Acacias of Australia

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Acacia pendula A.Cunn. ex G.Don

Common Name

Weeping Myall, Myall, Boree, Balaar, Nilyah, Silver-leaf Boree, True Myall




Occurs W of the Great Divide from Emerald in central Qld S through N.S.W. to the Vic. border, with isolated occurrences in the Little Desert area, western Vic., and far eastern S.A.


Tree to 12 m high with pendulous branches. Bark hard, fissured, dark grey to black. Branchlets slender, appressed-puberulous, glabrescent. Phyllodes narrowly elliptic, straight to recurved, 4–14 cm long, (3–) 4–10 mm wide, with an innocuous acute to acuminate and normally shallowly curved apex, ±thinly coriaceous, densely appressed-puberulous when young, glabrescent, with numerous closely parallel nerves of which 1–3 more evident than the rest. Inflorescences 2–7-headed racemes; raceme axes 2–15 mm long, appressed-puberulous; peduncles 3–8 mm long, appressed-puberulous; heads globular, 3.5–4.5 mm diam., occasionally larger, 10–25-flowered, light golden; bracteoles spathulate. Flowers 5‑merous; sepals free to 1/2-united. Pods narrowly oblong, flat, slightly raised over and irregularly slightly constricted between seeds, straight, curved or twisted, to 13 cm long, 8–18 (–20) mm wide, chartaceous to thinly coriaceous, coarsely reticulate, appressed-puberulous; margins ±winged, 2–3 mm wide. Seeds transverse, soft, broadly elliptic to ±discoid, 5–9 mm long; funicle/aril fleshy.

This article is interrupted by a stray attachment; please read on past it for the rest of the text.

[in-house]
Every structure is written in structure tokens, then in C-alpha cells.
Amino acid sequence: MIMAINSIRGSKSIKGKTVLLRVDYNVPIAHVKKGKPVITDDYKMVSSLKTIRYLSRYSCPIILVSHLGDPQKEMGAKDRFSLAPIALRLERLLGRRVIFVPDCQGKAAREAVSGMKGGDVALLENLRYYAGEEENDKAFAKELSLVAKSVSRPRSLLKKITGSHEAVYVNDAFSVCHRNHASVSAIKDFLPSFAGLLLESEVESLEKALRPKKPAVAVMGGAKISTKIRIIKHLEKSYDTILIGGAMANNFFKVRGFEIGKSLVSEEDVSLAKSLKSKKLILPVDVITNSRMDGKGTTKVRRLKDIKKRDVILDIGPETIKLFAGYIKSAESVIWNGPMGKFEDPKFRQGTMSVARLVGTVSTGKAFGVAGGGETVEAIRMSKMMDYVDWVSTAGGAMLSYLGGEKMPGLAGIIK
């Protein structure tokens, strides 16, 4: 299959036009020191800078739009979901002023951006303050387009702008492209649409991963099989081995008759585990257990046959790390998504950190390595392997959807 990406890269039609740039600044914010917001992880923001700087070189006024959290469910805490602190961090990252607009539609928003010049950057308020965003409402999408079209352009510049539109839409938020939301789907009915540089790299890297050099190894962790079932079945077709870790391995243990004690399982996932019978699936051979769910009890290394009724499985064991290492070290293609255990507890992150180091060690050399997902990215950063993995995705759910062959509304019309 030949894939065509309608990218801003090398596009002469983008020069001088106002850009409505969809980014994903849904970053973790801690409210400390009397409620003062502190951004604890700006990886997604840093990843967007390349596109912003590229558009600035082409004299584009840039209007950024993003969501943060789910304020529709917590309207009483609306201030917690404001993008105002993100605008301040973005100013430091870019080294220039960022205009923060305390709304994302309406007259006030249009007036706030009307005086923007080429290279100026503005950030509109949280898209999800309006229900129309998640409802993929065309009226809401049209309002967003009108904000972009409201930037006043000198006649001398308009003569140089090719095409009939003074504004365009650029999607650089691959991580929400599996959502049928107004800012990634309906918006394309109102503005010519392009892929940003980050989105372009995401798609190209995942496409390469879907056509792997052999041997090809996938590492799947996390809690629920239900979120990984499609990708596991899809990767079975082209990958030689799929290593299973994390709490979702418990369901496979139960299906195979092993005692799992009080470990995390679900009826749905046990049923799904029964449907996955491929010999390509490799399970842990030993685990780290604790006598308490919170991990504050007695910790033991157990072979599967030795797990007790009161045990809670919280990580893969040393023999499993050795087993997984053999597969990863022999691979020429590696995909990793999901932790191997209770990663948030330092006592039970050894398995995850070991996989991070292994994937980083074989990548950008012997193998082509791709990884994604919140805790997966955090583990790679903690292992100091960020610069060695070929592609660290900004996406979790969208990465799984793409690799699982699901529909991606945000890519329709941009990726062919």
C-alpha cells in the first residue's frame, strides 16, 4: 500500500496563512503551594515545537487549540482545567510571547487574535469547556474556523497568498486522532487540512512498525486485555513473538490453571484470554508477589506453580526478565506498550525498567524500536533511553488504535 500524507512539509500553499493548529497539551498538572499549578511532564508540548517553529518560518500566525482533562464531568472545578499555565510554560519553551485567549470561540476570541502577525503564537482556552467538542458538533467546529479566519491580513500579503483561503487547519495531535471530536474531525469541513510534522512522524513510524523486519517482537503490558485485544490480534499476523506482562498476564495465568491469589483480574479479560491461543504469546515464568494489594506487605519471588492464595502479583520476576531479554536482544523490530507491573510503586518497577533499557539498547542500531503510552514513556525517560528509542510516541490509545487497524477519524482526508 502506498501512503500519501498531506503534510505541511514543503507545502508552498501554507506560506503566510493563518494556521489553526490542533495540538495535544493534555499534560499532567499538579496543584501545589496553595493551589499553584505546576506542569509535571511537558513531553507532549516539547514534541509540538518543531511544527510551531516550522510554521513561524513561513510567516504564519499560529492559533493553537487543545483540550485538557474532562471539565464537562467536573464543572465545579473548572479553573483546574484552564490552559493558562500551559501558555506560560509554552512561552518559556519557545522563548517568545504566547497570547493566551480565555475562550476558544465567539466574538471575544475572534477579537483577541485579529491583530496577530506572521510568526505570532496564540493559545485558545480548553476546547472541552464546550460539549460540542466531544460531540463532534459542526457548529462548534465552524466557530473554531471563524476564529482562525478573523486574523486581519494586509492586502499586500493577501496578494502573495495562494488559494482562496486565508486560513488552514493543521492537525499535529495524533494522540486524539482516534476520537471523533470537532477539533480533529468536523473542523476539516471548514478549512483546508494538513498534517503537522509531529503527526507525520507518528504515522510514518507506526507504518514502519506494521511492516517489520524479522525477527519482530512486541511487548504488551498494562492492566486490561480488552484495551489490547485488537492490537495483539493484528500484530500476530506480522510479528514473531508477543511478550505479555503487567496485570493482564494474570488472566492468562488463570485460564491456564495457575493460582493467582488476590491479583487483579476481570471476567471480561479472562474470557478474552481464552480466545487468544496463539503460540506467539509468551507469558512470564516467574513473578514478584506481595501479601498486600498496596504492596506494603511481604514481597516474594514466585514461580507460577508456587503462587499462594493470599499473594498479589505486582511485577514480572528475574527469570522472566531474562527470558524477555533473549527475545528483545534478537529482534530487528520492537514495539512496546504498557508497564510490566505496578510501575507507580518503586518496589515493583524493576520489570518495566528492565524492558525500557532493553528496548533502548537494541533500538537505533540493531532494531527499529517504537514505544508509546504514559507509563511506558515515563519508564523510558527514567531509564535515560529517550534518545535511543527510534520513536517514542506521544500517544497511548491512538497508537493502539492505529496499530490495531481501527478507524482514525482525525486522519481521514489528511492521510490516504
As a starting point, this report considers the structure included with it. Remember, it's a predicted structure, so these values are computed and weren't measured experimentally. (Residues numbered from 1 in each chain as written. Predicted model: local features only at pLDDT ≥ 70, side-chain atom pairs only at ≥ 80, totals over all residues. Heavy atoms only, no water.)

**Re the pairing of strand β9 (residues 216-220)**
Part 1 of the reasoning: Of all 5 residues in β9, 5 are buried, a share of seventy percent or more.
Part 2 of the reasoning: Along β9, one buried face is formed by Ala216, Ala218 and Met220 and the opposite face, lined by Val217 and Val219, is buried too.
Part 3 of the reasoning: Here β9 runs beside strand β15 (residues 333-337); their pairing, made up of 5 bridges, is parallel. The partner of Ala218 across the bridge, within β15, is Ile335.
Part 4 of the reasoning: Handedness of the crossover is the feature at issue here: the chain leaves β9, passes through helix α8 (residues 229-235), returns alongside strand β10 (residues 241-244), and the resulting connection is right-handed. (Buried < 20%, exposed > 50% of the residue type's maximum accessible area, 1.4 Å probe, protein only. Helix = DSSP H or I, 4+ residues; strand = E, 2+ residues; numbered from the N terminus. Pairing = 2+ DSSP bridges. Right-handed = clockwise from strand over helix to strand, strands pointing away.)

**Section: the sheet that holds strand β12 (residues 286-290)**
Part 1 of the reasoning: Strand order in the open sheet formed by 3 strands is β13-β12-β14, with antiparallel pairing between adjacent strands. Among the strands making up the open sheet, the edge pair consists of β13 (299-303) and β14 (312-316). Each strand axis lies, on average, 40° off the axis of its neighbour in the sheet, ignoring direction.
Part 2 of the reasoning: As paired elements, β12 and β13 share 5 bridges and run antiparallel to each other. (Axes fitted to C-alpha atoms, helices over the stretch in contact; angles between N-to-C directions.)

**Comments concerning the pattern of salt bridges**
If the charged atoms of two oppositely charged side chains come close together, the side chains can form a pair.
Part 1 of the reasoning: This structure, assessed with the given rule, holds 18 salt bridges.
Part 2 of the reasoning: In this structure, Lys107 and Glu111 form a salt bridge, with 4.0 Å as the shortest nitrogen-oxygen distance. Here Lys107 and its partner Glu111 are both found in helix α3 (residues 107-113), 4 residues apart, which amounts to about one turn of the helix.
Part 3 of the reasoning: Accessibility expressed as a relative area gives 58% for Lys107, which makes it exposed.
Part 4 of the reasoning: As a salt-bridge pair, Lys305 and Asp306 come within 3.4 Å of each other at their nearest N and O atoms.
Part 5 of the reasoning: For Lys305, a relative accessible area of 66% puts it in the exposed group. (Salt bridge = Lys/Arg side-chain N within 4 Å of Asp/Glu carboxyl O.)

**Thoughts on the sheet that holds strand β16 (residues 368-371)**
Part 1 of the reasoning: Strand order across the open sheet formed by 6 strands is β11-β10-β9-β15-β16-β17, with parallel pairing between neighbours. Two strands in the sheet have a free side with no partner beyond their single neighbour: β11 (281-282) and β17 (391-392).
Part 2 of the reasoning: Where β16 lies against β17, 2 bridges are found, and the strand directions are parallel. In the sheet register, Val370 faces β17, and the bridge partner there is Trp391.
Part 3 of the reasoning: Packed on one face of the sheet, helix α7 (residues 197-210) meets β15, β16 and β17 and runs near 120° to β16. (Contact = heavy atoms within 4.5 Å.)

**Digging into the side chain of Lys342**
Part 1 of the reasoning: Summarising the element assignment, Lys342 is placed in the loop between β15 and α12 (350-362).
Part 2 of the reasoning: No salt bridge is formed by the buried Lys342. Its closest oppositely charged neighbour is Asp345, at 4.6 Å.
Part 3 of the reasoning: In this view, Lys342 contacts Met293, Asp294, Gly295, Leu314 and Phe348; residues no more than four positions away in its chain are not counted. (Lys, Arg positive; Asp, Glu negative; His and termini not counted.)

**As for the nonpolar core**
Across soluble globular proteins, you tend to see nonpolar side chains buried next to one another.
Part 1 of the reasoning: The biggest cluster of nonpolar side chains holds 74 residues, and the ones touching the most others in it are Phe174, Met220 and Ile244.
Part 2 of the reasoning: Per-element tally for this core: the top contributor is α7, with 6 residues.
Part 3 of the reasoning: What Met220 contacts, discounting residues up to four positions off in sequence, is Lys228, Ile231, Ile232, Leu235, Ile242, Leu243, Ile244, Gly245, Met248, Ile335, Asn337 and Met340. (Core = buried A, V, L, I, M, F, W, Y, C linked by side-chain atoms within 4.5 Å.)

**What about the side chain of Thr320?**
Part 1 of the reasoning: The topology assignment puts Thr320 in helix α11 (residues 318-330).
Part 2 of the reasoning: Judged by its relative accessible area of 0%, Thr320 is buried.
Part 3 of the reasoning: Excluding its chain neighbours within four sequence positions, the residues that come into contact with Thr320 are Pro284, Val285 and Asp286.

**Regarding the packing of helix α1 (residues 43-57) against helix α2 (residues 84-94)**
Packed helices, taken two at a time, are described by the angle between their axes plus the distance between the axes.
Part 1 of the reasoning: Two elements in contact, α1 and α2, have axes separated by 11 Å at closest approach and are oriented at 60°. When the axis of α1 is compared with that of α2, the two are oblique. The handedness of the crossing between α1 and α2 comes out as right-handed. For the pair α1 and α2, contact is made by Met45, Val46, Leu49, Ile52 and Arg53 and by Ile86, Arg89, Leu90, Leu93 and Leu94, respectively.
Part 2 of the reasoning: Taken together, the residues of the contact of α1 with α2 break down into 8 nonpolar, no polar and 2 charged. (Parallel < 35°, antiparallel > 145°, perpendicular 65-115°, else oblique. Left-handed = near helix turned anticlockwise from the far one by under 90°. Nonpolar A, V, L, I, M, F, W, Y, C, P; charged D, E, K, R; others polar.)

Grows mainly on floodplains in fertile alluvial clay (and red earth soils in the S), sometimes dominant in woodland and open woodland.


S.A.: 20 km SE of Plumbago Stn, R.J.Bates 41688 (AD). Qld: Augathella–Morven road, J. & M.Simmons 1110 (PERTH); 11.3 km NW of Myall Downs, N.H.Speck 1980 (NSW, PERTH). N.S.W.: 76.3 km NE of Conargo between Hay and Darlington Pt, R.G.Coveny 12891 et al. (AD, BRI, CANB, MEL, NSW, PERTH, PRE, US); 47.1 km from Grenfell towards West Wyalong, N.Hall H79/66 (PERTH, TLF). Vic.: c. 8 km from Warracknabeal, near the Henty Hwy and opposite the aerodrome, H.B.Irwin (MEL1500972).


Because of the pale, silvery foliage and form of the crown of the tree, it has been cultivated extensively in this country and abroad, as, for example, in Iran and Kuwait.

Related to A. homalophylla which has narrower, unwinged pods, glabrous phyllodes and longitudinal seeds.

FOA Reference

Data derived from Flora of Australia Volumes 11A (2001), 11B (2001) and 12 (1998), products of ABRS, ©Commonwealth of Australia


Minor edits by B.R.Maslin & J.Rogers